`GET-WINDOWED-FFT`

returns a function that computes the DFT of the
first *size* elements of its first argument. Conceptually, this first
argument is first multiplied element-wise by the second argument (the
window); in practice, this is executed as part of the FFT.

For inverse FFTs, the multiplication happens after the bit-reversal; the window should thus itself be bit-reversed.

Syntax: `get-reverse n &optional eltype => reversal-function`

Arguments and Values:

*n*: size of the vector (simple-array) to bit-reverse; must be a power of two.*eltype*: element type of the vector, complex-sample (default) or real-sample.*reversal-function*: function that perform an in-place bit-reversal permutation of the first*n*elements of its single argument, a simple-array with element-type*eltype*.

`GET-REVERSE`

returns a function that perform an in-place bit-reversal
of the first *size* elements of its single argument.

Syntax: `%ensure-fft direction scaling windowing n => fft-function`

Arguments and Values:

*direction*: whether to perform a forward (1 or :fwd) or inverse (-1, :inv or :bwd) transformation.*scaling*: whether to perform an unscaled transform (nil, 1), to scale by*1/n*(t, :inv) or by*1/sqrt(n)*(sqrt, :sqrt).*windowing*: whether to first perform an element-wise multiplication by a real-sample-array (float, real-sample), by a complex-sample-array (complex, complex-sample) or no multiplication at all (nil).*n*: size of the transform.*fft-function*: if*windowing*is false, a two-argument function that performs an in-place transformation of the*n*elements of its first argument, starting at its second argument. If*windowing*is true, there are two additional arguments, the window vector and the start index. Finally, the last argument is an appropriately-sized vector of twiddle factors.

`%ENSURE-FFT`

is similar to `GET-FFT`

or `GET-WINDOWED-FFT`

, except
that the start indices may be specified.

Syntax: `%ensure-twiddles n forwardp => twiddle-vector`

Argument and Values:

*n*: size of the transform to get a twiddle vector for; must be a power of two.*forwardp*: whether the transform is a forward one (t) or inverse (nil).*twiddle-vector*: complex-sample-array of twiddle factors for a split-radix Cooley-Tukey FFT of size at least*n*.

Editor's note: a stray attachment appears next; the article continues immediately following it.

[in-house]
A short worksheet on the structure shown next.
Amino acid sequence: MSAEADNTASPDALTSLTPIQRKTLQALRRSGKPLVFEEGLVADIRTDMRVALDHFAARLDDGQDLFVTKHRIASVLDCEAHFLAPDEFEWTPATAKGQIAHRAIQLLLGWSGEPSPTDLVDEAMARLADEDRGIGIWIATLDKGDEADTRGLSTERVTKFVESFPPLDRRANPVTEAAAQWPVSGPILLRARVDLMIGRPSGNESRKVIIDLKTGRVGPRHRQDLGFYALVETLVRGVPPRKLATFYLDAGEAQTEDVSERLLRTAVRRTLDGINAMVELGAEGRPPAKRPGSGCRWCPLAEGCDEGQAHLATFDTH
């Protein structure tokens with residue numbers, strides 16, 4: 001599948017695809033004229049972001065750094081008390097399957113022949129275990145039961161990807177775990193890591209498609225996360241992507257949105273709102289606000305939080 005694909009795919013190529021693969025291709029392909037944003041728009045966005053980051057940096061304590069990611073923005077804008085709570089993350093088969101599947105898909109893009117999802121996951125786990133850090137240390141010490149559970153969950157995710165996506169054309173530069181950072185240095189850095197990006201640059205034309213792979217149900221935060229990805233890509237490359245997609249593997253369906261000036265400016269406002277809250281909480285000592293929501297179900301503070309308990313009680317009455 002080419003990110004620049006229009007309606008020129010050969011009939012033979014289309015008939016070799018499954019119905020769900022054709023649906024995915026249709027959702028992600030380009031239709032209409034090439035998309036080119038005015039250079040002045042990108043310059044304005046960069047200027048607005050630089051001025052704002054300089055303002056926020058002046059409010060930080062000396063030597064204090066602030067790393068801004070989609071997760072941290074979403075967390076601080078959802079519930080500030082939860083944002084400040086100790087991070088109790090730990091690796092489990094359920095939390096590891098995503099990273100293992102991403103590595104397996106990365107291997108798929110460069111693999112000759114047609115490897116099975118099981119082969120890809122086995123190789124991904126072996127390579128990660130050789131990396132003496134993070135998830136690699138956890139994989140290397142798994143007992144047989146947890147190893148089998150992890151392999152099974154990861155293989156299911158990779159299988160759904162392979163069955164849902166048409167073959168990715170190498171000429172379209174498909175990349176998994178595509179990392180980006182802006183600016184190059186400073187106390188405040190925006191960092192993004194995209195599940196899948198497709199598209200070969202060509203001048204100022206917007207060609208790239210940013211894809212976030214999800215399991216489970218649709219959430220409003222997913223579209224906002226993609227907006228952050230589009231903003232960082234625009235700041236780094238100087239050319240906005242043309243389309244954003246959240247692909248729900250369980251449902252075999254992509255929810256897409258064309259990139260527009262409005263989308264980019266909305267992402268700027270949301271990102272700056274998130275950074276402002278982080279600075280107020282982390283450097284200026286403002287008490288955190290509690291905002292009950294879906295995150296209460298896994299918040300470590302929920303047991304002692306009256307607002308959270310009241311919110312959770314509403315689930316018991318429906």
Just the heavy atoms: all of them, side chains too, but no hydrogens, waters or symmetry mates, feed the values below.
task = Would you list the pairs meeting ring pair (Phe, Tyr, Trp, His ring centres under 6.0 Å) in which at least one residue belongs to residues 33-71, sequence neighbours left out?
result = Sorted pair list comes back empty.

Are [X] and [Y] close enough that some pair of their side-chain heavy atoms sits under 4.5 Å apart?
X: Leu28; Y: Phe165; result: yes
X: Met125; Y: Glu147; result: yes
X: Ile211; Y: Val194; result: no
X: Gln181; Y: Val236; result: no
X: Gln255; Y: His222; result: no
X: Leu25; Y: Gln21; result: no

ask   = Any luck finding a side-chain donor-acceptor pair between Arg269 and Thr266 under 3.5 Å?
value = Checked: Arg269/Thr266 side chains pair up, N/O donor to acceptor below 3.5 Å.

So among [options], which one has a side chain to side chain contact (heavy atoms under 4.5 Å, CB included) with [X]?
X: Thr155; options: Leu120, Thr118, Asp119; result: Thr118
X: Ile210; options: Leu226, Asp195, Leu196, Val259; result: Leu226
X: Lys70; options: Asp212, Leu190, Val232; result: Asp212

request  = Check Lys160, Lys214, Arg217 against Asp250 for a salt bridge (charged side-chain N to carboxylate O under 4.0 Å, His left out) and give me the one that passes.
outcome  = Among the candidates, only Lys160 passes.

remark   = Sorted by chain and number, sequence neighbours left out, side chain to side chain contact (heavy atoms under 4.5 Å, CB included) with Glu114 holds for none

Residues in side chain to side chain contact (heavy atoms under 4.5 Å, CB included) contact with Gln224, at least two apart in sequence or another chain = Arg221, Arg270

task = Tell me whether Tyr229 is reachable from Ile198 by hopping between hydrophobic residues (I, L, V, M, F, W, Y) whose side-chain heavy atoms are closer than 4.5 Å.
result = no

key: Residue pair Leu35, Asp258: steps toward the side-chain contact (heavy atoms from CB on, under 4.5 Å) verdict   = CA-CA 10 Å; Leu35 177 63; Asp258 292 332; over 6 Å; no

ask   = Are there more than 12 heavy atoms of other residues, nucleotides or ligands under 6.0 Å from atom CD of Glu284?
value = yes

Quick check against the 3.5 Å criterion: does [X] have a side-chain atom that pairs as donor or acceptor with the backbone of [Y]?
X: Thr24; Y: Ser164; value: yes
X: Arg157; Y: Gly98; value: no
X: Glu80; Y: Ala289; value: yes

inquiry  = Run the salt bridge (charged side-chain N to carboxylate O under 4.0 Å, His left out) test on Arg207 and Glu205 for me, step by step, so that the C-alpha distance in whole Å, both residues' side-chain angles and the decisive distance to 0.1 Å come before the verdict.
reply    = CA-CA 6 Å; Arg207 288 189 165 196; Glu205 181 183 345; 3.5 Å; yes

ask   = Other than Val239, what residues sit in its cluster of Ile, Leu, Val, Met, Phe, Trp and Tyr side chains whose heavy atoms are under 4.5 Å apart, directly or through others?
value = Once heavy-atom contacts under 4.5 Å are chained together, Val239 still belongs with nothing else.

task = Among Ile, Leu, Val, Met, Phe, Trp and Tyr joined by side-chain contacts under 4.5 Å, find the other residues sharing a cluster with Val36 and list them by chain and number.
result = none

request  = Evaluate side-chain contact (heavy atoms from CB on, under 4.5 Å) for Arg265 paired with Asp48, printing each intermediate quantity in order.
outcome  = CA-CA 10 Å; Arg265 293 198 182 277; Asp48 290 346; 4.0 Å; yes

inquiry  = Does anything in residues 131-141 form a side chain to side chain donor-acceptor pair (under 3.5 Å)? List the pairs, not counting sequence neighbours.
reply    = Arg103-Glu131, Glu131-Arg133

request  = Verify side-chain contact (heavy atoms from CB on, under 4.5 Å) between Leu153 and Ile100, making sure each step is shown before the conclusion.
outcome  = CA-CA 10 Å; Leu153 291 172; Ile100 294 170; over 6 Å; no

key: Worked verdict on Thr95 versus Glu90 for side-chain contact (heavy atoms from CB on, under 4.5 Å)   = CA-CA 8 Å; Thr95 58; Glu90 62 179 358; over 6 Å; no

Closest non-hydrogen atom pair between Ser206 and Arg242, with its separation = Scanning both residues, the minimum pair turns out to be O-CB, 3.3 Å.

`%ENSURE-TWIDDLES`

computes and caches vectors that should be passed
as the last argument of the function returned by `%ENSURE-FFT`

. The
structure of the vectors is such that a vector appropriate for a
transform of size *n* is also appropriate for all smaller sizes (with
the same direction).

Syntax `%ensure-reverse n &optional eltype => reversal-function`

Argument and Values:

*n*: size of the vector (simple-array) to bit-reverse; must be a power of two.*eltype*: element type of the vector, complex-sample (default) or real-sample.*reversal-function*: function that perform an in-place bit-reversal permutation of*n*elements of its single argument, a simple-array with element-type*eltype*, starting at the index given by its second argument.

`%ENSURE-REVERSE`

is exactly like `GET-REVERSE`

, but allows the user
to specify the starting index of the vector to bit-reverse.

Napa-FFT3 is based on a split-radix, out-of-order and in-place variant of the Cooley-Tukey FFT algorithm. Split-radix is relatively simple, and achieve operation counts very close (within a couple percents) to the minimum known so far. Doing it out of order simplifies the transform code a lot; this way, all the accesses are naturally in-place and follow a streaming order, at each level of the recursion. Better: by executing the recursion depth-first rather than breadth-first, the code exploits caches implicitly. Finally, an in-place transform can hope to fit nearly twice as large inputs in cache as an out-of-place one, as there is no auxiliary output vector. All in all, it looks like a good choice of algorithm: close enough to the theoretical optimum, interesting performance properties, and not too complex to implement.

Many operations are as easily expressed on bit-reversed as on natural-order frequency-domain values (e.g. convolutions, or filtering noise out). That's not always the case, unfortunately, so Napa-FFT also implements a bit-reversal pass.

In the past, this was often slow enough to make it vastly preferable to instead implement an in-order (autosorting) FFT: the slow, bandwidth-bound, bit-reversal is merged with the more arithmetic-heavy FFT, hopefully resulting in faster code than executing each serially. However, as [Karp] points out, this seems to be better explained by bad code than anything else. [Karter and Gatlin] build on that and describe an algorithm designed to exploit memory caches, ensuring at most two misses per cache line of data; this is enough to obtain much better performance (or comparable) than all the algorithms reviewed in [Karp] across a range of nearly-contemporary machines. In a later paper, [Zhang and Zhang], note that we can exploit the high associativity in certain caches to simplify the code a lot, or improve on its performance. Their algorithms are somewhat complicated by explicit blocking loops; a clever recursion suffices to obtain access patterns appropriate for nearly all block sizes.